A snapshot of 3649 Web-based services published between 1994 and 2017 shows a decrease in availability after 2 years

Loading next page...
 
/lp/ou_press/a-snapshot-of-3649-web-based-services-published-between-1994-and-2017-tWJbKEDJ0E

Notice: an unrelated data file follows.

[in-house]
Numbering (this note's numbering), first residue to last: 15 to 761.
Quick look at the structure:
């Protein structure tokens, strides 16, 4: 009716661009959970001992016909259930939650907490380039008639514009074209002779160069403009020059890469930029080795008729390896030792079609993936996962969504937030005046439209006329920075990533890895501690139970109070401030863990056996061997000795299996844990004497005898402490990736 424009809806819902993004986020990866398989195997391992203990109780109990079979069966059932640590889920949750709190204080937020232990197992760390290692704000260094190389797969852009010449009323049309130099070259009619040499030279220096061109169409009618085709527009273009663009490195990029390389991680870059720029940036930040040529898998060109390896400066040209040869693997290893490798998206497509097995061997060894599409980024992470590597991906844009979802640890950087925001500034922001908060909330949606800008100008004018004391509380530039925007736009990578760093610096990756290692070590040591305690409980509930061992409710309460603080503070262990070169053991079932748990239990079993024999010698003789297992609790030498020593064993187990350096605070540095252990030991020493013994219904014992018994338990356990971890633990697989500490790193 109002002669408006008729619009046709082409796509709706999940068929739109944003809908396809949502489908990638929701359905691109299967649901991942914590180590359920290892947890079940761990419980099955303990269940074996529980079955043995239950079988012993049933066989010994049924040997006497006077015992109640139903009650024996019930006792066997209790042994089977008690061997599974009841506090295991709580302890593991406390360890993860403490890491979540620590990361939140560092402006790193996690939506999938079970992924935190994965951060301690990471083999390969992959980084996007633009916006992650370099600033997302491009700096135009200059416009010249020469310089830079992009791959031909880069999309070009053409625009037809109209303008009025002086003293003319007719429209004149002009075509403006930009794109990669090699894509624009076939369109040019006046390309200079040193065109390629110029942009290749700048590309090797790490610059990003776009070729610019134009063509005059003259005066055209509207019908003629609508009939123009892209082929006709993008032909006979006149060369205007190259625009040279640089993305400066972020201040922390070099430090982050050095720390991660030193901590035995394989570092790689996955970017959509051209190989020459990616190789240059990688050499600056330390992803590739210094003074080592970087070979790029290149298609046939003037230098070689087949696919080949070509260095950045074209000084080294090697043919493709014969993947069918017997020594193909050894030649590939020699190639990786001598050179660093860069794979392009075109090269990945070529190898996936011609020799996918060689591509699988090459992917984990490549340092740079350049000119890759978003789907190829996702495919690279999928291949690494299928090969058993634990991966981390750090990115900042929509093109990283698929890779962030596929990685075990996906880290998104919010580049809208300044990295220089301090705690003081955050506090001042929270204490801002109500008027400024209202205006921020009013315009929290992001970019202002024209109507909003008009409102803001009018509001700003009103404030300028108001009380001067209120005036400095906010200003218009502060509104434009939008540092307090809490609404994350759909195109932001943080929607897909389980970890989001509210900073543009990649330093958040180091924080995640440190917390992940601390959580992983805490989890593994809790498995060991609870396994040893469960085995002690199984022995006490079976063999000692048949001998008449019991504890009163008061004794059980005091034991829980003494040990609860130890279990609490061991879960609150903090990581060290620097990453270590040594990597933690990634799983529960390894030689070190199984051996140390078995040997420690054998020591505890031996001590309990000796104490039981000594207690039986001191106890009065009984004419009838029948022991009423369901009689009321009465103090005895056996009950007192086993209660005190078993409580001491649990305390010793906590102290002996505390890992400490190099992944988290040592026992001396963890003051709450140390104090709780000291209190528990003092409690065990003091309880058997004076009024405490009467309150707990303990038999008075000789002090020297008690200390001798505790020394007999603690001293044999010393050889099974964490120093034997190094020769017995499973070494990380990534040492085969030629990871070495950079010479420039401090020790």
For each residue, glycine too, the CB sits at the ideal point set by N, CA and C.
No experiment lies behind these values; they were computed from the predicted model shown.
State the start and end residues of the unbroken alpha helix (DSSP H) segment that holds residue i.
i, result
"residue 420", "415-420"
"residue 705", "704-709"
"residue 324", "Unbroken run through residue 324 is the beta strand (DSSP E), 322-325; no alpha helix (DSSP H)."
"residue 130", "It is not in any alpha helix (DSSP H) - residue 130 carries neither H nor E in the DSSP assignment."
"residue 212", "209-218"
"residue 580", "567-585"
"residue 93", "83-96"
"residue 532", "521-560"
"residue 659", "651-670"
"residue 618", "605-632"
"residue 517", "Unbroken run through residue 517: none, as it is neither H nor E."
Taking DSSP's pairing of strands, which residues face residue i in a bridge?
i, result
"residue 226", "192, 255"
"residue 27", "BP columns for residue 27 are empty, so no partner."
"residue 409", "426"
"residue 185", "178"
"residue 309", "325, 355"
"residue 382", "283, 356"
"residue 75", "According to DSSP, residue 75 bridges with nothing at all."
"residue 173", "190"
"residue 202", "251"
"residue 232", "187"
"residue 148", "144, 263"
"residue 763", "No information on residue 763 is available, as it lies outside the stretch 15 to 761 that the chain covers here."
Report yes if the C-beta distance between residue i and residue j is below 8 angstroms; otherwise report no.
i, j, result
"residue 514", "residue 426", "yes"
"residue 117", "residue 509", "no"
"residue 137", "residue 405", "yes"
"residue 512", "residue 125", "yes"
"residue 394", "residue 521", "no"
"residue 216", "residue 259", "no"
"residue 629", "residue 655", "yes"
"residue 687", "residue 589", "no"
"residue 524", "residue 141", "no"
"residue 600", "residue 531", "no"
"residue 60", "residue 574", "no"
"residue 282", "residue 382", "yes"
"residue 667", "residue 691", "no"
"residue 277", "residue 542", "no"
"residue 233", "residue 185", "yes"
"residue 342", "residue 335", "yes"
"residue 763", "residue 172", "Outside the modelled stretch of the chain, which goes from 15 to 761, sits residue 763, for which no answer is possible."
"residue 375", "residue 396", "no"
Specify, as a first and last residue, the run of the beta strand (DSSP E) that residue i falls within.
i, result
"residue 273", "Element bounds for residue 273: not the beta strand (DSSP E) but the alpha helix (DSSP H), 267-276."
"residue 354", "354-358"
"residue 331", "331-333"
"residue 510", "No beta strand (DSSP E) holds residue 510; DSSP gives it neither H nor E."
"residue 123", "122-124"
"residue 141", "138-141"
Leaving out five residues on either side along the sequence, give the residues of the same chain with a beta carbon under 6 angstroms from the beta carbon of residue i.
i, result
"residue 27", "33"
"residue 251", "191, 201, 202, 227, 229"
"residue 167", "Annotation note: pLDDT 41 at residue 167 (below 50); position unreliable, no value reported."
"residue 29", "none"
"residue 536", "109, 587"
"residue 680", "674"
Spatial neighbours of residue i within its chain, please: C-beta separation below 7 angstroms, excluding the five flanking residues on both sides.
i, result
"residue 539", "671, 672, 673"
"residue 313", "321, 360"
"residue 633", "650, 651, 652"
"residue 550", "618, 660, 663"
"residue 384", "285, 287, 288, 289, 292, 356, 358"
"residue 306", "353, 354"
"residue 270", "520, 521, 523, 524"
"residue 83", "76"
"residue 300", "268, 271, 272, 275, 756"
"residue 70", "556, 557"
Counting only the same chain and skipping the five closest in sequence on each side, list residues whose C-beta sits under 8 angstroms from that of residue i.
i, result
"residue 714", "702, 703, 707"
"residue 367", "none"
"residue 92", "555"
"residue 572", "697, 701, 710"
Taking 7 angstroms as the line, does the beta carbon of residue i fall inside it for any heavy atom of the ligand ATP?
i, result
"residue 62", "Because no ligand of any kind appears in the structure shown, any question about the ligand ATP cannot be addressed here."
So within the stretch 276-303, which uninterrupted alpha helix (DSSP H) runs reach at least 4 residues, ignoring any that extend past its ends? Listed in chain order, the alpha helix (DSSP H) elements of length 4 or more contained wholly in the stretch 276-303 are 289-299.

Publisher
Oxford University Press
Copyright
© The Author 2017. Published by Oxford University Press.
ISSN
1467-5463
eISSN
1477-4054
D.O.I.
10.1093/bib/bbx159
Publisher site
See Article on Publisher Site

Abstract